if you are wondering how to become a "real" developer capable to address real life challenges, then project management, software configuration and change management and testing is what you are looking for.
If you are interested in a mid to long term career path, I would then suggest you take a close look a broad software architecture topics, like enterprise application patterns, middleware, scalability, performance, security.
if you are interested in becoming a entrepreneur and create the "next big thing", then business planning is what you should consider first. Most good ideas dead early due to poor business plans.
Ah, and once you reach you dreams and become the next industry mogul (hey, Bill Gates didn't even get a grade), remember those who gave you wise advices one you were starting ;-)
Great advice in this thread.
One of the challenges of programming is how to get yourself "unstuck" from a problem. You have a piece of code that "should work fine", only when you run it, strange errors appear, and you just can't figure out why. You are stuck! What do you do? Well this is what I do, and I kind of organize it into four short little expressions, to try to make my code trouble-shooting advice a little less tedious to the programmers I coach :) Perhaps you might find it useful.
1) Check the cables first
2) Check your blind spots
3) Google it
4) Talk about it
Check the cables first! This is a reference to an early misadventure I had with a co-worker spending an hour trying to repair a driver for a network card on a computer that WASN'T EVEN PLUGGED INTO THE LAN. You are always trying to connect to something, some file, some database, some remote server, etc... Test that the connection works, the parameters are all correct. Programmers being "smart" people, we tend to look for the more interesting complex reasons first, but more often than not it is something simple that we missed.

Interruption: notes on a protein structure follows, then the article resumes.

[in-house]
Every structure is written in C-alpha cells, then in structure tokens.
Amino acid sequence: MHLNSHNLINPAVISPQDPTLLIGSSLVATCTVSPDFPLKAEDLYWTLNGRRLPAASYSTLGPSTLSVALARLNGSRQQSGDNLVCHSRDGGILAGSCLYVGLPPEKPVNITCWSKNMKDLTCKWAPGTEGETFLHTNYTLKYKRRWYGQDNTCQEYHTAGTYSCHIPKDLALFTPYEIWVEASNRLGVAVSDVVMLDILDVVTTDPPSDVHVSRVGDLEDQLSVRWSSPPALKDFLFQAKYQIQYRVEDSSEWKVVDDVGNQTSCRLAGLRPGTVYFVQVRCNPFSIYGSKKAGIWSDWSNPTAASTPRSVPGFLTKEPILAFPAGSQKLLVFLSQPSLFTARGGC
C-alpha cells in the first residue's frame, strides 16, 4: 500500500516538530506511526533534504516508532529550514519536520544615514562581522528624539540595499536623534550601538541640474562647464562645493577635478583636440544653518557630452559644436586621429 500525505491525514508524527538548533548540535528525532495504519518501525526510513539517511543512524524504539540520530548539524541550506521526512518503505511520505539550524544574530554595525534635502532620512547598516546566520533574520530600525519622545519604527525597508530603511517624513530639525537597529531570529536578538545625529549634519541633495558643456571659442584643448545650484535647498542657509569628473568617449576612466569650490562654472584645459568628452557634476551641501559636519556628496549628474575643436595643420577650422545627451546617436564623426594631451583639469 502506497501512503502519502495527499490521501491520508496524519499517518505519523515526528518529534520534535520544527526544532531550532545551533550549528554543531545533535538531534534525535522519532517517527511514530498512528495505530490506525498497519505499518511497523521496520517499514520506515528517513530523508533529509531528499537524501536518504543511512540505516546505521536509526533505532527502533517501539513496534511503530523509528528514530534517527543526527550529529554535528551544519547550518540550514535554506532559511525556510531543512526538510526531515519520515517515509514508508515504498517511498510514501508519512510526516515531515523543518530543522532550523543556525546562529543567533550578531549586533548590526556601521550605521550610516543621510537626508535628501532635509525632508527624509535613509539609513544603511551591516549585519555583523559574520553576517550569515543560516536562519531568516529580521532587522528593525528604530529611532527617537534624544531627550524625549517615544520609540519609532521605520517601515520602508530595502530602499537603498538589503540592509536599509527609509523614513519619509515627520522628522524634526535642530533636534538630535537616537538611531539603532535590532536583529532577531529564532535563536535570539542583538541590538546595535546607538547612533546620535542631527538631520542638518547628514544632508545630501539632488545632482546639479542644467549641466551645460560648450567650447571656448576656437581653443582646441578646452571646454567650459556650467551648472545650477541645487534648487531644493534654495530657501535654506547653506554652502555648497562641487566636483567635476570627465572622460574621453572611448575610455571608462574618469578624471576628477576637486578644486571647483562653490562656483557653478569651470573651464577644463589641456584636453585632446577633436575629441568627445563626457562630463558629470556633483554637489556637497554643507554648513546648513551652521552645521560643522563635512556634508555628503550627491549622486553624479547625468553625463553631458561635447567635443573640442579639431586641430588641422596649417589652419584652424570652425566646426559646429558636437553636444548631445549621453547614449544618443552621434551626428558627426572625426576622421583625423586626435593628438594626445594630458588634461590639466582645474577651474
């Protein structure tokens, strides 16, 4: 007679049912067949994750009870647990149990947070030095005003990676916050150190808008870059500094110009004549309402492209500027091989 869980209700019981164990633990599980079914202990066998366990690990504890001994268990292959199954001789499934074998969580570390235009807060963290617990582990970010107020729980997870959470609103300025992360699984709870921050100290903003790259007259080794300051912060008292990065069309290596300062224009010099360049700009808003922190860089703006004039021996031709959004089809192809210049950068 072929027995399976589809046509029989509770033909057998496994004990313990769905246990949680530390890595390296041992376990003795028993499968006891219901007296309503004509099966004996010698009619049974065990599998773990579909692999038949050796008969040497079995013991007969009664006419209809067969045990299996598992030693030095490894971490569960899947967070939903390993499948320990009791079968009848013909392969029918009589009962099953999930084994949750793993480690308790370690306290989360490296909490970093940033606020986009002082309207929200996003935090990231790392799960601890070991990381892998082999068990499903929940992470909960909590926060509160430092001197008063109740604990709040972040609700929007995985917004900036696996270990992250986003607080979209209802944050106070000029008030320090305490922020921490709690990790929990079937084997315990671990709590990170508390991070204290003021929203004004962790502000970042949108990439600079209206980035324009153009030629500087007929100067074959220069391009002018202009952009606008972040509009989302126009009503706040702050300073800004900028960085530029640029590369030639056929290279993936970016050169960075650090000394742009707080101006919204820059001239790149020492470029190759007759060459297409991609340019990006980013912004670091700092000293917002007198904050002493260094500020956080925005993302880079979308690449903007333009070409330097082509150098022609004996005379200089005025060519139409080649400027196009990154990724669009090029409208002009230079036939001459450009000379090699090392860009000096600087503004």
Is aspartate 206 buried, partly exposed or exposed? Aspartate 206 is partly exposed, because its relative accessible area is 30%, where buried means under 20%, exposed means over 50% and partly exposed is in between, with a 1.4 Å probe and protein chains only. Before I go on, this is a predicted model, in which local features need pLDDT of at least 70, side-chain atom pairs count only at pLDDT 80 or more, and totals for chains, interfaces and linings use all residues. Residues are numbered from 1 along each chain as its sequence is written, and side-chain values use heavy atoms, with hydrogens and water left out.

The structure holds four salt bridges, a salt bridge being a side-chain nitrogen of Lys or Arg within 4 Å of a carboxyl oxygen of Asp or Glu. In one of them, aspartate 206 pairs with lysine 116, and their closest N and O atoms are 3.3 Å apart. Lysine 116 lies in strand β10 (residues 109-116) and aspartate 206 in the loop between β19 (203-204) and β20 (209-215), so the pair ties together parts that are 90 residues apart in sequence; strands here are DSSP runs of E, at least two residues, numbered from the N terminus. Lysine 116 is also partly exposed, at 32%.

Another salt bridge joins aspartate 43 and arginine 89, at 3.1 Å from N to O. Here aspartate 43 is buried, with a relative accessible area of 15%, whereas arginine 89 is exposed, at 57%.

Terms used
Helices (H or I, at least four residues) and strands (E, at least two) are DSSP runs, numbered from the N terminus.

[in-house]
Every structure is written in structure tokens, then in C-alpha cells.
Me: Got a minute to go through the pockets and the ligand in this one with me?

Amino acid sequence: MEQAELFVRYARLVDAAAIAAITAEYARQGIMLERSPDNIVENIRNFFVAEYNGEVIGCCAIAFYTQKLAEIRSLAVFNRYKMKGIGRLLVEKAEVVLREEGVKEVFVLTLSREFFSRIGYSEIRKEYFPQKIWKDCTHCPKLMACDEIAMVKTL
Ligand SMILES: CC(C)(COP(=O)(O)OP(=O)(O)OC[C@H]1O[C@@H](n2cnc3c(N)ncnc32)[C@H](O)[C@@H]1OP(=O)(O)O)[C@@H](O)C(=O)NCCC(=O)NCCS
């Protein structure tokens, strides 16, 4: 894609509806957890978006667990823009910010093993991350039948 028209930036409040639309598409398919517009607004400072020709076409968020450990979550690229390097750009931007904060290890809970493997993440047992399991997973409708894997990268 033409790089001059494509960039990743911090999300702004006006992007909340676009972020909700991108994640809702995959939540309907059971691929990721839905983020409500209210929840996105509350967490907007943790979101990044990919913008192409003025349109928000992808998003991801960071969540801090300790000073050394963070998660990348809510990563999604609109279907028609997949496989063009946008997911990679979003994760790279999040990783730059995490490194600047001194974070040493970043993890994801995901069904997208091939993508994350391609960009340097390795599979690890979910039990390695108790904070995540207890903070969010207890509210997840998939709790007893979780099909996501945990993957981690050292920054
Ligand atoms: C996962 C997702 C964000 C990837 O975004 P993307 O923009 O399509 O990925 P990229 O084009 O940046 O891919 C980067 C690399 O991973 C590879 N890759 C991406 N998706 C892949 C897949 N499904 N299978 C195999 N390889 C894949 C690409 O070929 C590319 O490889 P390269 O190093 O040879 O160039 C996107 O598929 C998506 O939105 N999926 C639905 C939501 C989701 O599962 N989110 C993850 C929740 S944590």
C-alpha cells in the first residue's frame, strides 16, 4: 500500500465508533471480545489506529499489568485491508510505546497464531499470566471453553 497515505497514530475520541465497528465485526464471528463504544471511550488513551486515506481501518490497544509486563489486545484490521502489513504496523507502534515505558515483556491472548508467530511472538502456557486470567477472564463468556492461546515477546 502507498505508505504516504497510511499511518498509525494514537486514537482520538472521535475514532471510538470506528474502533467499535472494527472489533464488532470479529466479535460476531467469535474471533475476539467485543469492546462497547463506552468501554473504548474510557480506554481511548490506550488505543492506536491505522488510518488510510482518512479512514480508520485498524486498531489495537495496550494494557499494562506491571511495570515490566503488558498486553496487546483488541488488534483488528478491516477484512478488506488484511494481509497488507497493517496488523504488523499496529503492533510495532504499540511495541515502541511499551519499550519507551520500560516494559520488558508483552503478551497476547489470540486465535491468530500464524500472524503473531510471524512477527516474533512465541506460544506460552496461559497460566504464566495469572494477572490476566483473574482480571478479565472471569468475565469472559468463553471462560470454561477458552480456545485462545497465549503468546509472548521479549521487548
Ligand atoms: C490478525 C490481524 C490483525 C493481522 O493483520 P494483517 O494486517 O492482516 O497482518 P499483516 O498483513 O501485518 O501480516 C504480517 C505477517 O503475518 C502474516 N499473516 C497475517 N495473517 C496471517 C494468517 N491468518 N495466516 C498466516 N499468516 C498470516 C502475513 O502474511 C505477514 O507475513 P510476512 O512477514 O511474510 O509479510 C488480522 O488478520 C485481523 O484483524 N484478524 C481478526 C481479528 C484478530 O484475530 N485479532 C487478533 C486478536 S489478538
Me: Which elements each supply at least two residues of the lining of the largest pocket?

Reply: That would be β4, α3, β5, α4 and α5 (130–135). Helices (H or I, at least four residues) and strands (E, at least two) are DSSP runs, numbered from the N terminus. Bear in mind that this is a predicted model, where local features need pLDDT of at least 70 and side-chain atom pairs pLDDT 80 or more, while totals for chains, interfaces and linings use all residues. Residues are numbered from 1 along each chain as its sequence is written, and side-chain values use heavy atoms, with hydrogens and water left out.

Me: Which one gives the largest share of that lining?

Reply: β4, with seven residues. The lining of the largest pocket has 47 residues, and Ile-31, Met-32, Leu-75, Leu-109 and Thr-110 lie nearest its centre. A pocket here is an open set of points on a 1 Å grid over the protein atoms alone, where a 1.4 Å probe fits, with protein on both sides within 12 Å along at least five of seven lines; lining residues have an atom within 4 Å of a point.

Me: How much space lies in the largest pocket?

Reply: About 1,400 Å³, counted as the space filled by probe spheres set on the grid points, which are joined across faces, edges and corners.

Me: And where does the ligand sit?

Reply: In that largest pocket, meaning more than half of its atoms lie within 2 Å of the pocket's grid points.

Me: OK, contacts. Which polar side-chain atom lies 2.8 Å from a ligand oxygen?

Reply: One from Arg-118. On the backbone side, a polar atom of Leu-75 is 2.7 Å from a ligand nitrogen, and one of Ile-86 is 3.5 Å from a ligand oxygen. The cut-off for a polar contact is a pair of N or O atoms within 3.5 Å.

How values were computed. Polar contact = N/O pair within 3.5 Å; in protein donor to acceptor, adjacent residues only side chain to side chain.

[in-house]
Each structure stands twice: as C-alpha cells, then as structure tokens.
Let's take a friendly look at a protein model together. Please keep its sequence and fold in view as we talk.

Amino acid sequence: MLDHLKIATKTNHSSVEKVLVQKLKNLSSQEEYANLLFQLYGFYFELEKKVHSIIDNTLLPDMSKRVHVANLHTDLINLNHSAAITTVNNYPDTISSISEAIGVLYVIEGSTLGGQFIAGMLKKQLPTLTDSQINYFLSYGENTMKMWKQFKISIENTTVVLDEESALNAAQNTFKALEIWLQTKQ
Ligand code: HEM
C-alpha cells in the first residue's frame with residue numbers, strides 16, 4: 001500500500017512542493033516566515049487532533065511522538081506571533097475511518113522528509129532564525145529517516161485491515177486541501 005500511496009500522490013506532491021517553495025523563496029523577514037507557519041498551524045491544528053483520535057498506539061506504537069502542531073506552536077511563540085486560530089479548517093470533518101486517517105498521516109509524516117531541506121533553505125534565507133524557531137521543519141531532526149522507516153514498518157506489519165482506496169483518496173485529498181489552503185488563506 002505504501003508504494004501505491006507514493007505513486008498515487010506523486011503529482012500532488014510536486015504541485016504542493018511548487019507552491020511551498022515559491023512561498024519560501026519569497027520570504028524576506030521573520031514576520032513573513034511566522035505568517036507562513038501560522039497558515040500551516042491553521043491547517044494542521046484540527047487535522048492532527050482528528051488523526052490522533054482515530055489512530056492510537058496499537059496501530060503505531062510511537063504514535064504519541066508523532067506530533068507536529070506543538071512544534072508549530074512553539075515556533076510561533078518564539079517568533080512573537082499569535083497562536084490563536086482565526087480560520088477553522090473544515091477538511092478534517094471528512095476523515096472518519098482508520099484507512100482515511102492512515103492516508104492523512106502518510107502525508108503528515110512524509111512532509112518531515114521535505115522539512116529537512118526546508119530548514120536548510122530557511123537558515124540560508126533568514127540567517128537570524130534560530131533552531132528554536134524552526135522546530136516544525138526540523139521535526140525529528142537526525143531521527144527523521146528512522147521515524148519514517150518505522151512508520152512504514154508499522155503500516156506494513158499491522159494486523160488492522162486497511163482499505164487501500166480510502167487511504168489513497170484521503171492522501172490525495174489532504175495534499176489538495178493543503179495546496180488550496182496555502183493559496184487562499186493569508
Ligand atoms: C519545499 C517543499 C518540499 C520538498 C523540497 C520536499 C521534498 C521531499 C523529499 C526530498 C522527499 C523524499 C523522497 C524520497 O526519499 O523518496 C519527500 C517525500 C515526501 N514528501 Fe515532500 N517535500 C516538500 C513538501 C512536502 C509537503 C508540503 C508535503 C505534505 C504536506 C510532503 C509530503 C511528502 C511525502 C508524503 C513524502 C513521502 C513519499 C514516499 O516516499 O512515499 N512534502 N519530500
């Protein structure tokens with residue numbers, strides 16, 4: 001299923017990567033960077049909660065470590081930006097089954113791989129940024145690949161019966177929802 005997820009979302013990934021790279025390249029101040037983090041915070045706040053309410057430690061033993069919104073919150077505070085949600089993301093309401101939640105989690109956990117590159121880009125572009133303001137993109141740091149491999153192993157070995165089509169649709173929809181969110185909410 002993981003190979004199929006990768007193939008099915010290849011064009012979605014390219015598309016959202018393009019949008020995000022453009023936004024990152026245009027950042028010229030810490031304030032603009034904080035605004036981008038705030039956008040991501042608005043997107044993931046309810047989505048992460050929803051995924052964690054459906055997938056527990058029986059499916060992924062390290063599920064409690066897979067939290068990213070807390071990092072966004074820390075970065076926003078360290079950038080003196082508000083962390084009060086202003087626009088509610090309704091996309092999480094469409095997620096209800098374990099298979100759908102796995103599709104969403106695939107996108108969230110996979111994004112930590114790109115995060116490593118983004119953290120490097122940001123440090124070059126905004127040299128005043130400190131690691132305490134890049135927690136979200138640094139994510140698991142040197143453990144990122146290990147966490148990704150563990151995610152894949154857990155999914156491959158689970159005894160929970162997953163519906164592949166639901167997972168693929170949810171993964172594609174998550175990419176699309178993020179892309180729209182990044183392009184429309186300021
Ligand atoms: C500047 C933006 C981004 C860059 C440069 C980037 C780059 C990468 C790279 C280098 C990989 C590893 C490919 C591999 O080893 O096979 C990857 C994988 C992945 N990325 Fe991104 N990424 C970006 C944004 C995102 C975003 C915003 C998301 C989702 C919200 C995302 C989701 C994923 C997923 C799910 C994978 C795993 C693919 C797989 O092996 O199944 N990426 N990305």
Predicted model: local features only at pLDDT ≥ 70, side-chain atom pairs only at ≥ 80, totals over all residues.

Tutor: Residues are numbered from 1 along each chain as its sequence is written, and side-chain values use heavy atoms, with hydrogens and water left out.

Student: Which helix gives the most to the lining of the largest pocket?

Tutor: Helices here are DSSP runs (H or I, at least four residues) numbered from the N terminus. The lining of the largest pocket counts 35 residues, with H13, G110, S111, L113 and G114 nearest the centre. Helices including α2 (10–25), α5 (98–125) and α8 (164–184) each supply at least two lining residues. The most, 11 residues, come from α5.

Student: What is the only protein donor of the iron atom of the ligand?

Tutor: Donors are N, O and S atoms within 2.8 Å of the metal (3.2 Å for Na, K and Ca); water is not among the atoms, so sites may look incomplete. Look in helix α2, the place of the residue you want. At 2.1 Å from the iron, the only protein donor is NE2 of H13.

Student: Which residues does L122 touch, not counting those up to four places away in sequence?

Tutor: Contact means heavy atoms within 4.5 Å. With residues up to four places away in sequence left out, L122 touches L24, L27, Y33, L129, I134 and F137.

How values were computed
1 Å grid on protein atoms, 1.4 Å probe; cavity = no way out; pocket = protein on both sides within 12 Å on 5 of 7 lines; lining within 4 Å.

Check your blind spots! When reviewing a problem in code, there are always sections that programmers tend to glaze over without really examining them - because they believe these sections to be "simple", "tested" and "working"... your mind tells you that the problem cannot lay there, but it so often is there, right in the simplest part of the method, or in the initialization.
Google it! If I am having problems with a new library or framework, weird errors I do not yet understand... I punch it in google, and look at results while I ponder the problem. So often I see younger programmers flailing away, running the same lines over and over again trying to wrap their brains around a "mysterious problem"... I walk over and google whatever it is they are having problems with and half the time, the answer, or at least a clue to the answer is a few clicks away. My reasoning is that someone, somewhere, has likely had this problem at least once and turned to a messageboard and asked a question, or sometimes I find an FAQ on some software site that uses the same technology, etc... In this way, your knowledge also grows from hearing of other's troubles with different aspects of programming.
Talk about it! - Post a question, talk to a co-worker. Oftentimes, in the act of preparing to describe the problem to another person, the essence of the problem becomes clear. The "Nevermind, I got it!" factor. If that fails to happen then there are all kinds of people who are glad to share their knowledge and experience dealing with such matters, on forums like this and newsgroups that target specific technologies.
I still code in Delphi
Tuesday, July 03, 2007
I'd like to thank you all for your advice.
I'm currently working (as a hobby) on a small mobile robot. It going to consist of an embedded linux board (Foxboard), USB harddisk, webcam, wireless network, motor driver board and several servos.
The software is going to be pretty extensive compared to previous projects. It's also going through unexplored territory.
This is what I want to achieve:
* Linux should be moved from the flash memory to the harddisk. The flash is going to contain a bootloader and the bare essentials, the rest should move to the harddisk. This is mostly to make it easier to modify the system.
* virtual memory: I want the board to use the harddisk as swapspace.
* PWM and servo signals generated by a deamon. This may be moved to an external microcontroller later.
* vision: I attempt to get the robot to move through a maze (black floor, white walls) and collect cola cans. This is the part I'm working on at the moment.
* Remote control in a webbrowser. The board already has an active webserver. I'd like to construct a webpage that allows the robot to be controlled remotely. I might add a videofeed from the webcam if resources permit.